By Terry Pratchett and Phil Masters
Art by Paul Kidby
The Ice Giants
The gods of Cori Celesti have a traditional categorical enemy in the form of the Ice Giants, who probably started out as some kind of artistically symbolic description of glaciers. Now, however, the metaphor has got right out of hand, and is confidently expected to destroy the world one day. They have and need no worshippers; the gods have warned humanity of this dreadful doom so often that people believe in them much more than they believe in any god. (The divine grasp of human psychology is amazingly sloppy at times.)
The Ice Giants are held prisoner within a wall of mountains near the Hub, and patiently await the day of the Apocralypse, when they will emerge riding glaciers and crush all before them. They are given to explaining that their triumph is a matter of "historical inevitability," if anyone asks. Their feud with the gods is ancient, and deeper than the mere fact that they would destroy all the gods' worshippers can explain. There are mutters that it all began when one side failed to return a lawnmower borrowed from the other.
Personally, Ice Giants are the size of houses, craggy and glinting like ice, with coal-black eyes set deep in their sockets. Think about them next time you build a snowman.
Many Disc religions revere hermits as wise thinkers who retreat from worldly temptation and get on with some serious worship in secluded locations. The fact that this also gets a lot of rather dotty and dangerously original religious thinkers out from under the feet of the temple hierarchy, and away from most people who might ask them too many questions, may or may not occur to the priesthood.
The really dangerous truth, however, is that hermits have a bizarre relationship with established religion, and a perilously close relationship with too many of the wrong gods. The wildernesses into which they withdraw are full of Small Gods and the odd Forgotten God, who latch onto strong religious imaginations like leeches. The hermits naturally perceive the offers they receive as temptations, and the would-be deities as demons or spirits, but that in itself is a form of belief, so it helps keep their tempters going. For that matter, some hermits find far more to enjoy in the visions they are offered than a conventional priest could approve.
A hermit may emerge from the wilderness with radical new ideas or beliefs that give a Small God a foothold in the wider community of worshippers, but mostly this is a low-level symbiosis; the hermit gives the Small Gods a little bit of belief, and the Small Gods give the hermit something to refuse and deny. And accusing a hermit of being mad because he hears voices and thinks strange religious ideas is missing the point; it's a very functional sort of madness.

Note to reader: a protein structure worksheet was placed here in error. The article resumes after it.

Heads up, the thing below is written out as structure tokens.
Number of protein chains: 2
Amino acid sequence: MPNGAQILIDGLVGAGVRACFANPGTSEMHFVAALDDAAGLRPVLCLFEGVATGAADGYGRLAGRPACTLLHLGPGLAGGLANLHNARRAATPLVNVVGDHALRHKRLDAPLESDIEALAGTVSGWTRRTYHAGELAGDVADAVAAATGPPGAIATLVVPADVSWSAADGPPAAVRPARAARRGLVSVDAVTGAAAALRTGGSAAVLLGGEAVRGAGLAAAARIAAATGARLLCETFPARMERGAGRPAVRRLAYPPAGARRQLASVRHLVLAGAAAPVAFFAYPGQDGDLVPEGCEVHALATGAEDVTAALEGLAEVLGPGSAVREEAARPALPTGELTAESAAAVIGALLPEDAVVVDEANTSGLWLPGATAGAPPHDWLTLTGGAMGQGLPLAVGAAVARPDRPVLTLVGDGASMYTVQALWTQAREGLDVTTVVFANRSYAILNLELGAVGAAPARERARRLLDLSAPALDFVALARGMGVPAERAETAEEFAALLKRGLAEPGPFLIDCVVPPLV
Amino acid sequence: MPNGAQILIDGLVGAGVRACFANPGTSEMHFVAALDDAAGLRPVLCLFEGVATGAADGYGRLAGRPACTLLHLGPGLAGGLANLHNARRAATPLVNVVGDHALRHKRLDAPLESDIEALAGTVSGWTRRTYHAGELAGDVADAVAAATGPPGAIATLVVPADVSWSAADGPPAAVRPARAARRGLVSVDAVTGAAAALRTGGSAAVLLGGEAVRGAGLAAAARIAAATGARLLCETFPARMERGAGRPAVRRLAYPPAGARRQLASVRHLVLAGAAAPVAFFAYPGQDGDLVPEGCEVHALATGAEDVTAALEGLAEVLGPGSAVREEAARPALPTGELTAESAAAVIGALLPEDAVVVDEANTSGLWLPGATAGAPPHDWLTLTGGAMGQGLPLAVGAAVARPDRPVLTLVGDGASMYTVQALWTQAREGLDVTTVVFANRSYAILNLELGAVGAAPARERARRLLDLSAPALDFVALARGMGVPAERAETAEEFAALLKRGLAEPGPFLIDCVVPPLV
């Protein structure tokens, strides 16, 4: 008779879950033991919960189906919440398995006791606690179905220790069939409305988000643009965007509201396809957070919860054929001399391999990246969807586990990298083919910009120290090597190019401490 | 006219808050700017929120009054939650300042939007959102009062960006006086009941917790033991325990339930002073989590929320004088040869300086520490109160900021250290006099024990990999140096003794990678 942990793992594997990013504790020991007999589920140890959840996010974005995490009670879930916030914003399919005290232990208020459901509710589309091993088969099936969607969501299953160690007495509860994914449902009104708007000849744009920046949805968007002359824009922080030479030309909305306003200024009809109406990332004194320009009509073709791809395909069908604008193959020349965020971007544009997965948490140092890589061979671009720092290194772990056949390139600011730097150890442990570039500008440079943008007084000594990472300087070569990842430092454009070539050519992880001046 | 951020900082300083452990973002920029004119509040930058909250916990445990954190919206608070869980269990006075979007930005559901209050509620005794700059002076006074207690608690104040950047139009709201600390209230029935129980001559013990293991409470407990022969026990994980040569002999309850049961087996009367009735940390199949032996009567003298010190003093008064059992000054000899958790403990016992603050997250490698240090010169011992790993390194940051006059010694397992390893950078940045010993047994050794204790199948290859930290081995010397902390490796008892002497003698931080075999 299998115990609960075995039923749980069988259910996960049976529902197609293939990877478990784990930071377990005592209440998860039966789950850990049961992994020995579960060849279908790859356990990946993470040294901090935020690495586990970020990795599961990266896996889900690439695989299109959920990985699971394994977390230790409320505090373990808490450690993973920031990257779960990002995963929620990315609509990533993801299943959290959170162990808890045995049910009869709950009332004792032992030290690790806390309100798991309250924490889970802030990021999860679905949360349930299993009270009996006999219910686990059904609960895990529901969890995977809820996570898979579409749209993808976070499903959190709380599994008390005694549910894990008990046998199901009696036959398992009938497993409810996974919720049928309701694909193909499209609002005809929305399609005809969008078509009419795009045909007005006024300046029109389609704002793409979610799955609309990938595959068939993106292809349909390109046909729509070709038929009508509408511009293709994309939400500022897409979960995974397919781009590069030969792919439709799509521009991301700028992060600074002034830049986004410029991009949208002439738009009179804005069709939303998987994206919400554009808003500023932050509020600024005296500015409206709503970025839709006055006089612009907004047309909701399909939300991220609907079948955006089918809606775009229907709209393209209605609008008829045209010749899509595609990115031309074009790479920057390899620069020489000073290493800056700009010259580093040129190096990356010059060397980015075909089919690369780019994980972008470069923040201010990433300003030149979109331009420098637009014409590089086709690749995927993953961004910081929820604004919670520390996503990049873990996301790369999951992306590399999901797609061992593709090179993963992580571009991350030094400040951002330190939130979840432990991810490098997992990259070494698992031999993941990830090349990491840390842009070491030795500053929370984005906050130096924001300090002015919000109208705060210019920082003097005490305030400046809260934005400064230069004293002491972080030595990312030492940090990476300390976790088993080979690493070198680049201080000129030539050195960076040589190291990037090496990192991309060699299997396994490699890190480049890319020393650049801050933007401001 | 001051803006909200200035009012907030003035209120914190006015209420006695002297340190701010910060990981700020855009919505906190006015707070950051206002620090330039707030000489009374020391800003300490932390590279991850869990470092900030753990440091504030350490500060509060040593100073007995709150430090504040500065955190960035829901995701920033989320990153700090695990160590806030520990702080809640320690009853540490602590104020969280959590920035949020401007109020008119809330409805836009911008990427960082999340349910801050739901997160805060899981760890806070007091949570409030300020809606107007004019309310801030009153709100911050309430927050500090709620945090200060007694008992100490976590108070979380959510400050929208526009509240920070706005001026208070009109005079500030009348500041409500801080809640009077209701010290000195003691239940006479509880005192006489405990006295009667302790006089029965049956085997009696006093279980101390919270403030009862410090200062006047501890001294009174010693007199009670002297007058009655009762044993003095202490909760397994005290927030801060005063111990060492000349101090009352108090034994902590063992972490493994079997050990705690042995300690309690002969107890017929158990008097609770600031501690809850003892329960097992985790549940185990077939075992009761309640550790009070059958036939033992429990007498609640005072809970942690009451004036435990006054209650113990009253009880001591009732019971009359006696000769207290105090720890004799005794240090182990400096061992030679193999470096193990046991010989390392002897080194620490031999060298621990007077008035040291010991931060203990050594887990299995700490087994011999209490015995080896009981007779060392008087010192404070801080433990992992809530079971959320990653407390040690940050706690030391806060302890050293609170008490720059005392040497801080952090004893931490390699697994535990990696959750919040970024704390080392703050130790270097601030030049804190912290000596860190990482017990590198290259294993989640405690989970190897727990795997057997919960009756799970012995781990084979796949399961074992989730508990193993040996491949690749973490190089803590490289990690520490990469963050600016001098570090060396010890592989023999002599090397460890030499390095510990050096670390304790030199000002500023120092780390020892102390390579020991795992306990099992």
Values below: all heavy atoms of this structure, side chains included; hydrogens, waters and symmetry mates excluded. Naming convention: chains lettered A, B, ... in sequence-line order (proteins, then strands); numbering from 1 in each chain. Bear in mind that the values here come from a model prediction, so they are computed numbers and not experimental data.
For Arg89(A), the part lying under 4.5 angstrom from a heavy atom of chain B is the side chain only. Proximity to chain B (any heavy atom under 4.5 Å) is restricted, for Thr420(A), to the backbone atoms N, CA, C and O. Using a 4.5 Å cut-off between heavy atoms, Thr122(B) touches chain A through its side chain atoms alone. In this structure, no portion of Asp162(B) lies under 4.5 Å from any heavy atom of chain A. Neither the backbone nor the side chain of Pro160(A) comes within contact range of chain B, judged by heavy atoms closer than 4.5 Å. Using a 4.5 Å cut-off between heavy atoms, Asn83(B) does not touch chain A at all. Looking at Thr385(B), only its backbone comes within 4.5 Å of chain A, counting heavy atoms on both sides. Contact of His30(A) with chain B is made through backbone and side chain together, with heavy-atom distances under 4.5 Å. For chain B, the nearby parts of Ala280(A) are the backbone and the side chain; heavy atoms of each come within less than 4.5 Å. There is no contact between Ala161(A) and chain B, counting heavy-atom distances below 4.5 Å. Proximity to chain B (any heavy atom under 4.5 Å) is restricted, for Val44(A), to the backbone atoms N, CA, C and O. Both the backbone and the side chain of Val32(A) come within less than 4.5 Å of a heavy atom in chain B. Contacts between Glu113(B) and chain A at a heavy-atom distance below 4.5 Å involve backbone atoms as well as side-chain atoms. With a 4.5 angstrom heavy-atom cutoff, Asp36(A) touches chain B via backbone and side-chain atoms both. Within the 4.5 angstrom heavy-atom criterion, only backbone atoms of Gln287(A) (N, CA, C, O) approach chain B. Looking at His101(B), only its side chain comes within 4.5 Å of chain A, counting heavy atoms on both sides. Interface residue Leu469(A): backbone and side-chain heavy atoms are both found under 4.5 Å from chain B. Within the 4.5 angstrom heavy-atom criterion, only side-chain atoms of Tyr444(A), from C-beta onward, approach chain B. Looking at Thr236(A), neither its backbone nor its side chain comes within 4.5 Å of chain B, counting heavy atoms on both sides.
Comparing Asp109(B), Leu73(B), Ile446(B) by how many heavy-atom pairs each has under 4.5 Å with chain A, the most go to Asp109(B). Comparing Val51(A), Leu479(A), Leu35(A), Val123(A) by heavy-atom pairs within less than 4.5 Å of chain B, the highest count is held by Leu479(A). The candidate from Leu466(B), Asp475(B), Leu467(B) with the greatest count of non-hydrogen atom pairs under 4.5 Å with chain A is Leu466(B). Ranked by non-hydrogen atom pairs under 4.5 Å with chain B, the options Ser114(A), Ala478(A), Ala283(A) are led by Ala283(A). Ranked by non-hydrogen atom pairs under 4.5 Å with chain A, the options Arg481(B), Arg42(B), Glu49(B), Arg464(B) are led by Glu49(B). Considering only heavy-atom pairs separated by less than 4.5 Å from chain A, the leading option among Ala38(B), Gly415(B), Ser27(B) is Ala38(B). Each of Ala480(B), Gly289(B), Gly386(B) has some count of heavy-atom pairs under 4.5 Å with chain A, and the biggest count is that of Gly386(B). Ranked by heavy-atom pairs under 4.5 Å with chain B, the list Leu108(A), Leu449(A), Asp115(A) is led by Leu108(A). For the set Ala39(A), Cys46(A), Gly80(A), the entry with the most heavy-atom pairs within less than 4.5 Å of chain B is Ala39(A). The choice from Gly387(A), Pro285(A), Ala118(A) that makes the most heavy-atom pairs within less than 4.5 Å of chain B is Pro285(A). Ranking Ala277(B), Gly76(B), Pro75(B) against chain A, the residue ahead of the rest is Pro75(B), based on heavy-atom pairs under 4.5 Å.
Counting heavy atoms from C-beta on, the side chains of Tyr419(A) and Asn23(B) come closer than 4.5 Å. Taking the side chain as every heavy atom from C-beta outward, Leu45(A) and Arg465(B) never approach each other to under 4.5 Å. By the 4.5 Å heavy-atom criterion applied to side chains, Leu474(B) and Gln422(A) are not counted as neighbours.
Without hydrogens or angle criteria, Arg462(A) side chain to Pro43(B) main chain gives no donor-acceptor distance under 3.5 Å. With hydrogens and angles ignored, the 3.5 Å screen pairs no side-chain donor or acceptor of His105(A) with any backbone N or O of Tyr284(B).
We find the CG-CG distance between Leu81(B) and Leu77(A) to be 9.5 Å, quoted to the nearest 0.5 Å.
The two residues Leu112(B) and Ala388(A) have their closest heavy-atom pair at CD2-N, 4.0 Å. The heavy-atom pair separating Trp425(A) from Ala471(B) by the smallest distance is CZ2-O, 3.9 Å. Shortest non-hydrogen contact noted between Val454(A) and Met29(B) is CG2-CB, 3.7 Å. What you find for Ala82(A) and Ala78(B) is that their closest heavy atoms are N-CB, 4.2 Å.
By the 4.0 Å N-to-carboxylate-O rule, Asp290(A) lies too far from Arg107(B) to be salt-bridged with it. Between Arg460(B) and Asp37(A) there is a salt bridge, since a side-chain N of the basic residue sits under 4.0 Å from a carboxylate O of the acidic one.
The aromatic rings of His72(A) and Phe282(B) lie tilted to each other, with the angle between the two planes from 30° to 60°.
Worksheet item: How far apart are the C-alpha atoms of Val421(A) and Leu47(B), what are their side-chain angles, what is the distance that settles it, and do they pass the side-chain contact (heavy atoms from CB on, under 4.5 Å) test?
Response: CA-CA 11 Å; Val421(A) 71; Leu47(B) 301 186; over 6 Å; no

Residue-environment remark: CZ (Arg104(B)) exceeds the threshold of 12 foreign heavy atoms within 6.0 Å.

The Games of the Gods
The gods play many games in Dunmanifestin; they need something to while away the time. Mostly, however, they play with mortals.
Such games can be played with dice, along with a map-board of the Disc, but no figures as such. There are figures on the table, but anyone examining them closely will recognise the Disc's inhabitants. The real ones.
Don't complain, even if you meet a god. From the divine point of view, this is what mortals are for. The loss (or gain) of worshippers involved is part of the game; gambling for real stakes is more interesting.
The two most formidable players are Fate and the Lady, who have been known to help each other out along the way just to make the end-game more interesting. This helps explain why so many Disc heroes have such weird careers.
Mortals caught up in such a game can sometimes tell by the unlikely events that happen around them; keen ears may also, sometimes, catch the sound of rolling dice. (Six-siders only -- the gods are not original enough to work with those complicated polyhedral things, although one day they may catch on to the eight-siders used in Disc fortune-telling and gambling.) However, some gods have developed a taste for diceless games, and Fate now often insists that games with the Lady are diceless, as he says he can't trust someone who always rolls where other people can't see, and who often fudges the results. Such games may be played at the strategic level ("Mighty Empires"), the single-character level ("Star-Crossed Lovers") or somewhere in between ("Mad Kings"). The Lady is prone to playing with individuals while everyone else is playing with armies, and winning.
Small God PCs
It is possible, with some caution, for a PC to be an actual deity. Not one of the big gods of Cori Celesti, but a lesser figure, with a handful of worshipers. It requires thousands, even millions, of committed believers before one can smite and cast down and generally play free with physical law; a small number of worshippers means a small, sensible points total.
A deity may be brand new, having acquired divinity as the result of some occurrence that believer-types chose to regard as miraculous. Or it may have a fading cult, reduced to a loyal few. A Small God who has taken physical form may not be able to return to intangibility (the "astral plane") without a particular level of belief, and can die permanently if its physical body is destroyed. Thus, a GM may opt to permit a Small God character to be a Being of Pure Thought (see p.CI34), or to take Resurrection (p.CI64), or may insist that they take the same risks as a mortal PC.
Handling such a low-level deity requires a high level of roleplaying. If other PCs are the "believers," they have to act the part. A new deity needs to assert power to increase the size of Its following, while being aware that It needs the believers more than they really need the religion. Remember that believers who lose their god (perhaps literally) may find It again, but a god who loses Its believers is more gone than the Apatosaurus.
Also, Small Gods are not naturally co-operative with each other. They are in direct, desperate competition for worshipers. More than one such character per party is highly implausible.